A few months after starting CrossFit, John and Jenny took the next step of their CrossFit journeys: they joined a gym nutrition challenge.
For the first time in her life, Jenny had a reason other than pants size to think about her nutrition.
“CrossFit really woke me up to (the notion that) you have to eat good food if you want to get better (in the gym),” she said.
The couple tossed out the frozen pizzas and replaced them with meat and veggies. When it came time to retest biometrics after the challenge, Jenny had a whole new perspective on numbers.
“On paper I didn’t lose a lot of pounds, but I gained body composition, and coming from a eating-disorder background, being on the scale can be poisonous; I stay away from the scale. So to see something where the weight didn’t change a lot but my health changed significantly, that was also really reassuring for me.”
Today, John’s reclaimed his 300-lb. back squat and then some—and he sleeps easier at night. Jenny can squat to full depth and recently ran her first nonstop mile. They even convinced Jenny’s grandmother to start CrossFit out in Sioux Falls, South Dakota—the 70-year-old recently hit a 130-lb. deadlift.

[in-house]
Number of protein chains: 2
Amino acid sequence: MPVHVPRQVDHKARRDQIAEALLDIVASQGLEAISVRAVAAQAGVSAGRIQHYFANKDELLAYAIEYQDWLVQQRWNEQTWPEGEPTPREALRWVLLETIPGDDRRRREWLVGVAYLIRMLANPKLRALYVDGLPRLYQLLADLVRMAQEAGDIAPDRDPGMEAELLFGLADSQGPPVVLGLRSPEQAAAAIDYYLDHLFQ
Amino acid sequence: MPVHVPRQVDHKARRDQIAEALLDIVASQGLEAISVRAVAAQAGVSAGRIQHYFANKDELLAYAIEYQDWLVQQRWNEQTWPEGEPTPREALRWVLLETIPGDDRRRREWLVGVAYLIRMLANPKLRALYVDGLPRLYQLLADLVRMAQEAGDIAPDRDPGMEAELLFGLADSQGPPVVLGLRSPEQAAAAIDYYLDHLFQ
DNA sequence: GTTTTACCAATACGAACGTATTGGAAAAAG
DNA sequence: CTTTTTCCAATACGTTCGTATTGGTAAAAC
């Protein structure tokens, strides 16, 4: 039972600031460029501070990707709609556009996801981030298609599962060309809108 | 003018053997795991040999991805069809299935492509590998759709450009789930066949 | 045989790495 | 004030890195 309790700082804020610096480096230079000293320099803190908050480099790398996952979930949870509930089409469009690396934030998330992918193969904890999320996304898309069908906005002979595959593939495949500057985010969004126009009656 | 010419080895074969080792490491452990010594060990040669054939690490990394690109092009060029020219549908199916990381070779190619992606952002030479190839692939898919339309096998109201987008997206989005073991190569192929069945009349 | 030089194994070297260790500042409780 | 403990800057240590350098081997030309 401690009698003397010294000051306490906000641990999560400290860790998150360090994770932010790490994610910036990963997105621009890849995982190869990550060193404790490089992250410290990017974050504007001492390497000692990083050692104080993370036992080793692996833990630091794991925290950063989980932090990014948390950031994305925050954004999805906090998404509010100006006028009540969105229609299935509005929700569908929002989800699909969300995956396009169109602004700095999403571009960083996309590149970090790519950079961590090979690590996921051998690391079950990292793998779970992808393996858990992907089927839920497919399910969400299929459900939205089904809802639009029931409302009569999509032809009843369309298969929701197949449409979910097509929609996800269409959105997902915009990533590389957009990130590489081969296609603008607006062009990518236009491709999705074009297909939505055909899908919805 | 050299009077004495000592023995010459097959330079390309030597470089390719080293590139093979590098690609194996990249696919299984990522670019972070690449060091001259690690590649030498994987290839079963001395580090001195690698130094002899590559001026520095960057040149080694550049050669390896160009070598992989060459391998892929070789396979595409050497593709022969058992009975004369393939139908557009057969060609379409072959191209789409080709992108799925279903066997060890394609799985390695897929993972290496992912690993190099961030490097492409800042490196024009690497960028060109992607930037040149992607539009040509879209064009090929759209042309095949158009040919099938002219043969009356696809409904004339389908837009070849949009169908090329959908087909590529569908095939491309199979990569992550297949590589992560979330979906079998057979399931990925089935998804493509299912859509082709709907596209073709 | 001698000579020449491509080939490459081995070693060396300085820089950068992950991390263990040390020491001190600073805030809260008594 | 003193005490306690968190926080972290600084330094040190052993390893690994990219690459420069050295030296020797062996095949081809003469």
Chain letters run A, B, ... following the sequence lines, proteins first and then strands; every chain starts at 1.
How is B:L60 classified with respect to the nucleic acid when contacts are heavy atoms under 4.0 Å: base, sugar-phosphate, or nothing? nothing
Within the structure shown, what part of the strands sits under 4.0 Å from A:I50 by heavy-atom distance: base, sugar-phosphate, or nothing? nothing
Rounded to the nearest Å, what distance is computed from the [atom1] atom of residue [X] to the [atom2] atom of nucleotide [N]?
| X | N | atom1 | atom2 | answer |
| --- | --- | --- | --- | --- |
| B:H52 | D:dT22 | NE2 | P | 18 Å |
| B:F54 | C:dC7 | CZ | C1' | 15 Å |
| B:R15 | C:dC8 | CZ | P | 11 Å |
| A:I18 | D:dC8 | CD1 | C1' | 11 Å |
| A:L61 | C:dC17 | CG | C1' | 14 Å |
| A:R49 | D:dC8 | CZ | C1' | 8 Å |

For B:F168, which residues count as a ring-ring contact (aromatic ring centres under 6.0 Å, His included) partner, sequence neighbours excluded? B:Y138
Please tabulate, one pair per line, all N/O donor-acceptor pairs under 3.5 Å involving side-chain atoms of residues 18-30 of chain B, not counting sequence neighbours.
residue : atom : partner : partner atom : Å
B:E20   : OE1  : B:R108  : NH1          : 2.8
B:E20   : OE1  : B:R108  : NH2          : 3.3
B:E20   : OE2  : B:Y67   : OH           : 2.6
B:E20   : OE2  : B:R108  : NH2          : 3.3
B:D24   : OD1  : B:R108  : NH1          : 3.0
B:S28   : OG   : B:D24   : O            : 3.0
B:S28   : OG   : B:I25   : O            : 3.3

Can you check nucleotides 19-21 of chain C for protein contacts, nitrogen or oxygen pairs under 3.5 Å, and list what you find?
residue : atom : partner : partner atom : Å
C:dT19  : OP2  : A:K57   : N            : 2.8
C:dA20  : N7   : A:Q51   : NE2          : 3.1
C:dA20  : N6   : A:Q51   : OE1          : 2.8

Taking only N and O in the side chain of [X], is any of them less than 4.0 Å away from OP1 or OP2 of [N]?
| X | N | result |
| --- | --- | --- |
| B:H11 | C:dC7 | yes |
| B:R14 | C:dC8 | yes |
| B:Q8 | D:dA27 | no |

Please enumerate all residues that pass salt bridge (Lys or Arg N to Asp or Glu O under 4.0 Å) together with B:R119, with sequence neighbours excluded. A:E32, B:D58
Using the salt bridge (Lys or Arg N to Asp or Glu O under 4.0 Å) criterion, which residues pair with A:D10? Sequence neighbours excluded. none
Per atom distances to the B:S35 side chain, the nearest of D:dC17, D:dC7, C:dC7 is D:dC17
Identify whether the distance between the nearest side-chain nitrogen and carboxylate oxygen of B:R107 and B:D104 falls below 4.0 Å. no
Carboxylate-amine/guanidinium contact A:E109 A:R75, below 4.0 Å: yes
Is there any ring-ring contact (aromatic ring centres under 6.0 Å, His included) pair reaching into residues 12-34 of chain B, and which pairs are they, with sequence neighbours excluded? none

Best of all, the Clarnos say sharing those 6-a.m. swole seshs have brought them closer together than ever.
“I feel like CrossFit was the best marriage counseling ever,” Jenny said.
She recalled an encouraging kiss from John before a tough workout involving multiple 400-m runs, her Achilles’ heel.
“I was about to cry because I was so scared and John came over in front of a whole crowd and hugged me and kissed me,” she said. “It was so cool to realize how much he supported me. … I think we just learned a lot about each other because we’re in the same class and we’re doing it three to five times a week together.”
“My favorite thing to do is watch Jenny lift,” John added. “She’s the love of my life.”
As for the future, John’s hoping to convince his wife to join him at the upcoming Game Day competition this fall. Other than that, their goals are simple.
“My grandparents are starting to get older and have less capabilities and mobility,” John said, “and seeing that just kind of reiterates that we’re doing the right thing, and we’re going to keep doing this thing and keep getting stronger and fitter and eating as healthy as we can and living, but still having fun.”